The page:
190: TZ Interview – Ted Pitts & Harry Hollander / Moraware

Justin talks to Ted Pitts & Harry Hollander about how they bootstrapped Moraware to more than $1m yearly revenue.

  1. Progress Paddy says:

    Really nice interview guys!

    About taking risk away from the customer: I have customers in multiple countries. I charge in US Dollar. They pay in USD no matter what their country is, and they are exposed to the risk of currency fluctuation every single month with their subscription. So one thing I could do is charge them in their currency, taking the risk of currency rates onto my business.

    By the way, Justin, this is your first solo interview, right? I really enjoyed it. Both you and Jason offer different perspectives, and it’s really nice to hear both styles. Keep doing your interviews, Justin.

    I think your format of having one interviewer at a time is working nicely.

  2. Good work Justin. Really enjoyed your solo efforts on this interview.

    Some real truths came out from Ted and Harry – 1) It took them a long time to really gain traction on their business and 2) They built a successful business in a small niche. This makes you appreciate the hard work, patience you need plus how focus in one part of the market can be enough.

  3. nethy says:

    Great podcast Justin,

    I enjoyed the story. It’s the type of story you rarely hear about because of how isolated it is. \

  4. Justin you owe me a new laptop!

    I spat my cup of toast all over my laptop when I heard I wasn’t the only one to eat my breakfast from a cup.

  5. joe moletto says:

    Loved this one.

    Especially interesting was the point about being between in that place between success and non-failure and what moved them on.

    I think it was awesome that they did the interview.

    Keep up the good work.


  6. steve reynolds says:

    Great interview!

    Real guys with a real product! with a real business model! (so tired of VC backed social crap companies.)

    Best of luck!

  7. iSoftwareMaker says:

    Loved the show very inspiring,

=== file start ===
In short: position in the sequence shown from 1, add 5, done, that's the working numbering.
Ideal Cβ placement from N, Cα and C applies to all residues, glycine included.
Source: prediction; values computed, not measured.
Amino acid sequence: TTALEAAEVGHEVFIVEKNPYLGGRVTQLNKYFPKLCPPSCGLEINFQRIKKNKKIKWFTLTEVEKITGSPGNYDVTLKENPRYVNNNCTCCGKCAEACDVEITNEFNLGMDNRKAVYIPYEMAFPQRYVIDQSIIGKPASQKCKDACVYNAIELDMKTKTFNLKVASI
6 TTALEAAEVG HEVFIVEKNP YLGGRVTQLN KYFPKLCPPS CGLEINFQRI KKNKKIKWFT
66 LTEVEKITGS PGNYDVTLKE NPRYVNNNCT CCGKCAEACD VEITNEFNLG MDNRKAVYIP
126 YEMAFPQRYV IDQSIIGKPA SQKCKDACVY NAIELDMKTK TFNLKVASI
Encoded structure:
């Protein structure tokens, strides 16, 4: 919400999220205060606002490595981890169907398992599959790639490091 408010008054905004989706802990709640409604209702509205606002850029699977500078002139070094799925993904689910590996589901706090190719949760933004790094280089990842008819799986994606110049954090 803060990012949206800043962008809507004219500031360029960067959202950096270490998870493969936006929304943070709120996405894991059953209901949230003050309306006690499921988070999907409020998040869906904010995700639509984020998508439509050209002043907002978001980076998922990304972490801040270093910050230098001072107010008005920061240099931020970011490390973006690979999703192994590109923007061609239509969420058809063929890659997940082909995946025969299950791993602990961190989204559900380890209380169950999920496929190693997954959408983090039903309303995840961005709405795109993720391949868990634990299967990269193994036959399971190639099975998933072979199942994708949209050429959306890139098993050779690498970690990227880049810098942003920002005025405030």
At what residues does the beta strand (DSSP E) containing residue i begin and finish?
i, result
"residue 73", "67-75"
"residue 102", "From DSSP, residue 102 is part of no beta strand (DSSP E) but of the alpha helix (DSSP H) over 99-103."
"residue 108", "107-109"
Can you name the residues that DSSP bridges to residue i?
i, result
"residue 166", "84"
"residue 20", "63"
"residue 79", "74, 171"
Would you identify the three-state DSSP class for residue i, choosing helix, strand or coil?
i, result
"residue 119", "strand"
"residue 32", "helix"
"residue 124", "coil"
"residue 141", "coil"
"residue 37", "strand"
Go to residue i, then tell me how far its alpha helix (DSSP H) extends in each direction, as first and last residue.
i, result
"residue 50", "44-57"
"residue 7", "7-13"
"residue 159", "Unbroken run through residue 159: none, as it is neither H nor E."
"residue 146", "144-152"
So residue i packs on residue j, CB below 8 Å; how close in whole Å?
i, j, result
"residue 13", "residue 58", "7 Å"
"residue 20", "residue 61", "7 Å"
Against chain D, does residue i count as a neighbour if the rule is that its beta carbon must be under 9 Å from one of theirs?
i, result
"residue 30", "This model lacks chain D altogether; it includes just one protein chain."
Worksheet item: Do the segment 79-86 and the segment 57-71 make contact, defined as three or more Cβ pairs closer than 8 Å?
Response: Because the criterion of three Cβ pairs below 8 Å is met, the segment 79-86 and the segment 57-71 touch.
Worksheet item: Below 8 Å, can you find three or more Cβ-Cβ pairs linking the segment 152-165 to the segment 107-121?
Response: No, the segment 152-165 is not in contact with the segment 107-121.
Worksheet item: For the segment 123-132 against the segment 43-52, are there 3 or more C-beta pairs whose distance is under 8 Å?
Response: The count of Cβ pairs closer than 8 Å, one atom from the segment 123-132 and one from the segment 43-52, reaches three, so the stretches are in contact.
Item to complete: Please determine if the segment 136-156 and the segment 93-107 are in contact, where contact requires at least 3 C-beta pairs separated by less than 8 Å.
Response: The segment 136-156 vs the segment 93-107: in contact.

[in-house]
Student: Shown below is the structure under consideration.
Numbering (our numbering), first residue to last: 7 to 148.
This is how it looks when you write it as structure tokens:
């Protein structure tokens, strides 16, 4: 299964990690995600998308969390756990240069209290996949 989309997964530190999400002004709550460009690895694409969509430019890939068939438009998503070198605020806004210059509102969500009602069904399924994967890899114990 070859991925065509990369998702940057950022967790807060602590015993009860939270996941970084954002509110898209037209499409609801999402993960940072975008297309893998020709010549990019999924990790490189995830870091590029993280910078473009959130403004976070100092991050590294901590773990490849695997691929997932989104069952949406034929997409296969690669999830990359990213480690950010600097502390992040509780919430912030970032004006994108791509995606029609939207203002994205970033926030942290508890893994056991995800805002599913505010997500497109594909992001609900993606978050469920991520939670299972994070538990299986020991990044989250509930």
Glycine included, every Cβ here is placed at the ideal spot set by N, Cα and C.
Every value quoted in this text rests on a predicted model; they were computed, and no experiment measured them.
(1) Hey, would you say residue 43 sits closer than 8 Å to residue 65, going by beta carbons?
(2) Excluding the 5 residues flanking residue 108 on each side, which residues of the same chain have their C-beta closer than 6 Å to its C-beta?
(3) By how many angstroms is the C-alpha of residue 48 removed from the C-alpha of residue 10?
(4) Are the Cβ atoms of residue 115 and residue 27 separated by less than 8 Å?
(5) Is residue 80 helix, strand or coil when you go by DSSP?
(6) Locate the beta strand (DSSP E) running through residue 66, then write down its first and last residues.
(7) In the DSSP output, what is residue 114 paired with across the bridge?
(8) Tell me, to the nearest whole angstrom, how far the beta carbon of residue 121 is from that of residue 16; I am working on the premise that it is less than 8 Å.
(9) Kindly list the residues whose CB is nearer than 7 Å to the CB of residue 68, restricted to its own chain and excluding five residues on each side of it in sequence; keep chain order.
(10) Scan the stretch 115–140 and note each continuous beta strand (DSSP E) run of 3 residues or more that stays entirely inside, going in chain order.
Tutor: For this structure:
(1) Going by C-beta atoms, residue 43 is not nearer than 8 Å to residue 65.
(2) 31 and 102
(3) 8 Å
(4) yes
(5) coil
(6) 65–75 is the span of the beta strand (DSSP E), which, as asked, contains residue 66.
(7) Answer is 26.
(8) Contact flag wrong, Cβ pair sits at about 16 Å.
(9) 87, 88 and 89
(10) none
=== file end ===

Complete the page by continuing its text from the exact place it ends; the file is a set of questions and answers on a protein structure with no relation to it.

because of this show i tried for 30-45 min to install iTunes on win7 just so i could give you a review but was unsuccessful!

    Friend told me that she has portable version on dvd that works on win7 as soon as she finds it you are getting a well deserved review

  8. Justin says:

    @All – Thanks everyone for the very kind words. @Stuart, LOL!

  9. Tony says:

    Great podcast, guys. Before I listened to it, I checked out the company and thought, “Man, that is as niche as it gets!”.

    For me, as luck would have it, I’m also working on a startup in a niche area featuring a frugal customer base of the not-so-technically-inclined. I’m still going down this path, but there are times where I run the numbers and think, “Is it even remotely worth it.”, especially when it comes to my as yet undecided pricing model, but it’s in an industry that I feel needs it nonetheless. Cheers and thanks again.

  10. Really enjoying the solo interviews guys. I think they go much smoother. I do love you both interacting but during interviews it can get a bit confused sometimes. Looking forward to a discussion show next though 🙂

  11. Jason says:

    @Alex Gemmell – I’m glad you think the solo interviews are working out. I think they’re a little easier to do well even if they do require Justin to do a little more up-front preparation. 😉

  12. Great story about two seasoned micropreneurs building a biz slow and steady.

    I agree on the interview format. Just one host (either one of you) is fine, and alternating discussion podcasts with interviews seems to be keeping things pretty interesting.

    Keep up the awesome podcast (both to the hosts and interviewees).

  13. Nice interview Justin, there was a lot of great questions. This is another great illustration of how relentless hardwork and focus on a nice eventually pays off.
    A couple take-aways:
    – transfer as many risks from customers to the application as possible
    – focus on what the user experience feels like for the first 5 minutes
    – listen to your most social/vocal customers – not necessarily to implement everything but because it could also lead you to find great other ideas

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